I’m so so sorry to have to tell you this while you were away, Dear John, but I have to be honest. Dear John, I’m so sorry to tell you that I have met someone else. His name is Science, and, even though he demands evidence and insists on a calm, logical procedure, he means so much more to me than your vague guessing. I’m sorry, Dear John, but your rival Delivers the goods, as they say. I hope that you can understand. Goodbye, John.

John said:

But you know if all your Science was so successful, and based on Truth, then it wouldn’t need Defending—so

WHY ARE YOU OUT THERE ATTEMPTING TO DEFEND THE TRUTH—THE TRUTH DOESN’T NEED DEFENDING!

It does when the world is full of gullible fools like you John, willing to believe any outrageous lie they get fed.

At one time scientists had to go out and defend the idea that the Earth was round too, thanks to a movement of people willing to lie about the truth and lots of fools to believe them.

Would be nice to be able to blame something other than crappy bad luck and bad genes caused my lazy eye. Maybe then I wouldn’t have had to wear that eyepatch over my good eye for so long as a little kid (who’s bright idea was it to make those adhesive like bandaids?). It did work, sort of, I’m still legally blind in that eye but I do have some use of it.

Since when does the truth not need defending? Do I need to make a list of times that the truth was denied? We still have people denying the holocaust happened, for that matter the fact it happened at all is a case of lies being taken to their ultimate tragic end.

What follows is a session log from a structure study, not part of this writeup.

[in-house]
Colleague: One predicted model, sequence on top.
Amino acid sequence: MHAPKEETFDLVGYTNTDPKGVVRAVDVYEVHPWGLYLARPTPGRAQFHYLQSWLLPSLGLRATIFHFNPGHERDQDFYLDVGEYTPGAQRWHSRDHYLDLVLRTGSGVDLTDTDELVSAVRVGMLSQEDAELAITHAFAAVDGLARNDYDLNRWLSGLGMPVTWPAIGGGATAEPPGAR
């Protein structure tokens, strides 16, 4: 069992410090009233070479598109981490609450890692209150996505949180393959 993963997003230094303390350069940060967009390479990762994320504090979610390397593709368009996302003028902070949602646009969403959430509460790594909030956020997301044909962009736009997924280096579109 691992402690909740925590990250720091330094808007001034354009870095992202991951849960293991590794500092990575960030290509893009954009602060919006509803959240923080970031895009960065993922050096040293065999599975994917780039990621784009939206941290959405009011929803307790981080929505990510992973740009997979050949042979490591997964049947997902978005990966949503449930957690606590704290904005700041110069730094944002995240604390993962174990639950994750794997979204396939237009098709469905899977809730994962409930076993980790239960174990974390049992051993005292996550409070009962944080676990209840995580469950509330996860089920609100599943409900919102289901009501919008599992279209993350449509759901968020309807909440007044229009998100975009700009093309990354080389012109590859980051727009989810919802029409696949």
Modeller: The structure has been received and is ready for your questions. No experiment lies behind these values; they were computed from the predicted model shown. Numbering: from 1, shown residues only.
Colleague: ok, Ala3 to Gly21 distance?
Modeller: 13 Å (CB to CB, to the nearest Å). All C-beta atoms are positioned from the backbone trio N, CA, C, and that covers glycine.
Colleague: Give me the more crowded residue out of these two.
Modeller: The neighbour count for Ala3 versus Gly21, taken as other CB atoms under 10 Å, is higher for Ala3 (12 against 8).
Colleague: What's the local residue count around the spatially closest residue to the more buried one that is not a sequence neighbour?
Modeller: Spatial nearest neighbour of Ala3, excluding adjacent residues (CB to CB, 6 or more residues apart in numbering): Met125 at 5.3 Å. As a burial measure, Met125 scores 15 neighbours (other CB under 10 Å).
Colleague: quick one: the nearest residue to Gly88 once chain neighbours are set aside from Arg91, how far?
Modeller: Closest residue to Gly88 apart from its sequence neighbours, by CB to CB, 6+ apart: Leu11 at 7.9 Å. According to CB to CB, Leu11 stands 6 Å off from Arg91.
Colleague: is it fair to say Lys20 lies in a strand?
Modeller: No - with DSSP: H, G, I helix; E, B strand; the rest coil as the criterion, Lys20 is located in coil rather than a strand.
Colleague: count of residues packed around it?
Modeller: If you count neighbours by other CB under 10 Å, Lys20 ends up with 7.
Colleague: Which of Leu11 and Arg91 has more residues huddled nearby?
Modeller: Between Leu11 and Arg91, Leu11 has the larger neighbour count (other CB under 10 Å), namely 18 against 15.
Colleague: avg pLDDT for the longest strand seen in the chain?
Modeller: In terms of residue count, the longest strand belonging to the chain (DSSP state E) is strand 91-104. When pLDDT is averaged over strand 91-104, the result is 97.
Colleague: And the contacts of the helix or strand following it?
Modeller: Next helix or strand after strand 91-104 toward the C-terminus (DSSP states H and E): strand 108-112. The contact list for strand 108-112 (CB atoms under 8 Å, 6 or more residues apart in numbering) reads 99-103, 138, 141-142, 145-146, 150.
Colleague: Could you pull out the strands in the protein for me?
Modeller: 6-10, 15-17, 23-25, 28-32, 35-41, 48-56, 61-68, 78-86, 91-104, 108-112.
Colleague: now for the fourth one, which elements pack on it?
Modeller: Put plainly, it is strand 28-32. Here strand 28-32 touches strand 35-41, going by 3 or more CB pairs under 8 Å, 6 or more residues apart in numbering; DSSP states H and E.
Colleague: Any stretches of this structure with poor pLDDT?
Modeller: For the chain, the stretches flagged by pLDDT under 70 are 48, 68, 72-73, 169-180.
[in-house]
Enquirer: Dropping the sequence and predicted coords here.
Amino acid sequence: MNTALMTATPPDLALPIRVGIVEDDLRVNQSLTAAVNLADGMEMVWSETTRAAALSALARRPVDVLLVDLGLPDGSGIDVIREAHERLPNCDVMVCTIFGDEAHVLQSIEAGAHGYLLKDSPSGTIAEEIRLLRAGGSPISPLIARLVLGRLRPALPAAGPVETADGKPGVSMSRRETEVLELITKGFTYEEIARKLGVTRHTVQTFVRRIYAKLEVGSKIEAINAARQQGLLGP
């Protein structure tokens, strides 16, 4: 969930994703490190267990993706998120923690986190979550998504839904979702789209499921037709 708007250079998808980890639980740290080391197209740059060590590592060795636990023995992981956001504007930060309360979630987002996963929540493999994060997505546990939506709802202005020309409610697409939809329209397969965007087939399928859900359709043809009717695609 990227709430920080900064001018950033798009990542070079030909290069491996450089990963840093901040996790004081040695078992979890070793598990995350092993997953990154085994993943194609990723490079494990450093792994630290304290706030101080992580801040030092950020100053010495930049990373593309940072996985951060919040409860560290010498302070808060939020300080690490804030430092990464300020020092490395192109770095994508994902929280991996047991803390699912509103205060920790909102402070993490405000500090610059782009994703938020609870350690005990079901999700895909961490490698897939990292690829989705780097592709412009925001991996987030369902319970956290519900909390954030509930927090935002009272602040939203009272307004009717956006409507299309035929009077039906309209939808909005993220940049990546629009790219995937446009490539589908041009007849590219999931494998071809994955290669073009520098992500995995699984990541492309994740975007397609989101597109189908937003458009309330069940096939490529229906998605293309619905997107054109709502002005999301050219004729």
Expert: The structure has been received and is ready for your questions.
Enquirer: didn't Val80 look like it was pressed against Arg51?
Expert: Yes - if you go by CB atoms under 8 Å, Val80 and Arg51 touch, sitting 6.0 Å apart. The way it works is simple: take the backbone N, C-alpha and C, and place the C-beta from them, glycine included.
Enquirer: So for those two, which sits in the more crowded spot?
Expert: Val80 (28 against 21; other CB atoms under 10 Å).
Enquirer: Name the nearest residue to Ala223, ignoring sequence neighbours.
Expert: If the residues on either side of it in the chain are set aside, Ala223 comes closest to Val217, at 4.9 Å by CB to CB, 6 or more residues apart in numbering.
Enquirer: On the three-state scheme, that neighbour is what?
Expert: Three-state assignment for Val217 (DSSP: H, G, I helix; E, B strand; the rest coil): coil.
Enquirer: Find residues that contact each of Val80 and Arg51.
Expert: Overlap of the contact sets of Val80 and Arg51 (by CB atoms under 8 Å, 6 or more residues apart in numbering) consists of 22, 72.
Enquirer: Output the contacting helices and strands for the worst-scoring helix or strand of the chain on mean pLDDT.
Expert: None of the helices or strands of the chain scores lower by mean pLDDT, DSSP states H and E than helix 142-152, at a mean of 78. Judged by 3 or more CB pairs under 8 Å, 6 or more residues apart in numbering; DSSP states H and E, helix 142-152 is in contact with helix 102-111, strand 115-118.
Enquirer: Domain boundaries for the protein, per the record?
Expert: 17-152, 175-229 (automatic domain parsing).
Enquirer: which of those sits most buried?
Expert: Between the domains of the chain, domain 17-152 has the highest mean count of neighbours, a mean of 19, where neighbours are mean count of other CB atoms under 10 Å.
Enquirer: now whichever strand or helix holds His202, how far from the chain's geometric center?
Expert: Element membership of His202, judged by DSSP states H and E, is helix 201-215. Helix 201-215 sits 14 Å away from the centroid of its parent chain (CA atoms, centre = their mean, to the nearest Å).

Internal Virus Database is out-of-date.

That just made me laugh. His computer needs a vaccination! Odds are, though, that he won’t, because he’s never seen evidence that it’s helpful, then when he gets infected, he’ll infect all his friends’ computers…..

Oooh, apropos!

As an Australian born with nystagmus, strabismus and astygmatism due to my Mum copping rubella whilst gravid with me, I’m getting a kick out of this.

It seems John’s ability to search the internet for the truth is about as powerful as his ability to search for Orac’s real name.

@Interrobang

I was still cute as hell though. I bet you were too. Let’s face it, a lot has to go wrong before you get an ugly behbeh [sic].

@Noadi

Did the patch thing, but I used the piratey kind- which was a lot more fun. We alternated eyes daily to avoid one eye going blind. In the end though, it didn’t sort itself out and we had to go the surgical route. I have full use of both, but I can only rarely get the two to work together.

People don’t realize that while it can cause sight issues, a big problem for many is not directly medically related. People take for granted how much first impressions and daily interaction occurs through eye-contact. If you’re focusing on someone with one eye, they get weirded out by what your other eye is doing. Some people are more affected by this than others. I got no end of teasing from people at school, and I’m still self-conscious about it to some extent.

What gets me about our friend John, what really pisses me off, is that now he’s going to insult me the same way his ilk insult autistic people every day. Autistic people get to enjoy labels like “vaccine-damaged”. How insulting. They’re not objects, just because parents expected a cooing and googooing baby, they don’t get to label the child “damaged” because he or she isn’t what they bargained for.

Fuck you John. Or at least the horse you rode in on.

Aww crap. I think I screwed up. My comment dropped the F-bomb, I got confused for a second and thought I was in a more Pharyngulan environment. Can you make like some people do with almond chocolate bars and eat around it? (I.E. “bleep” it.)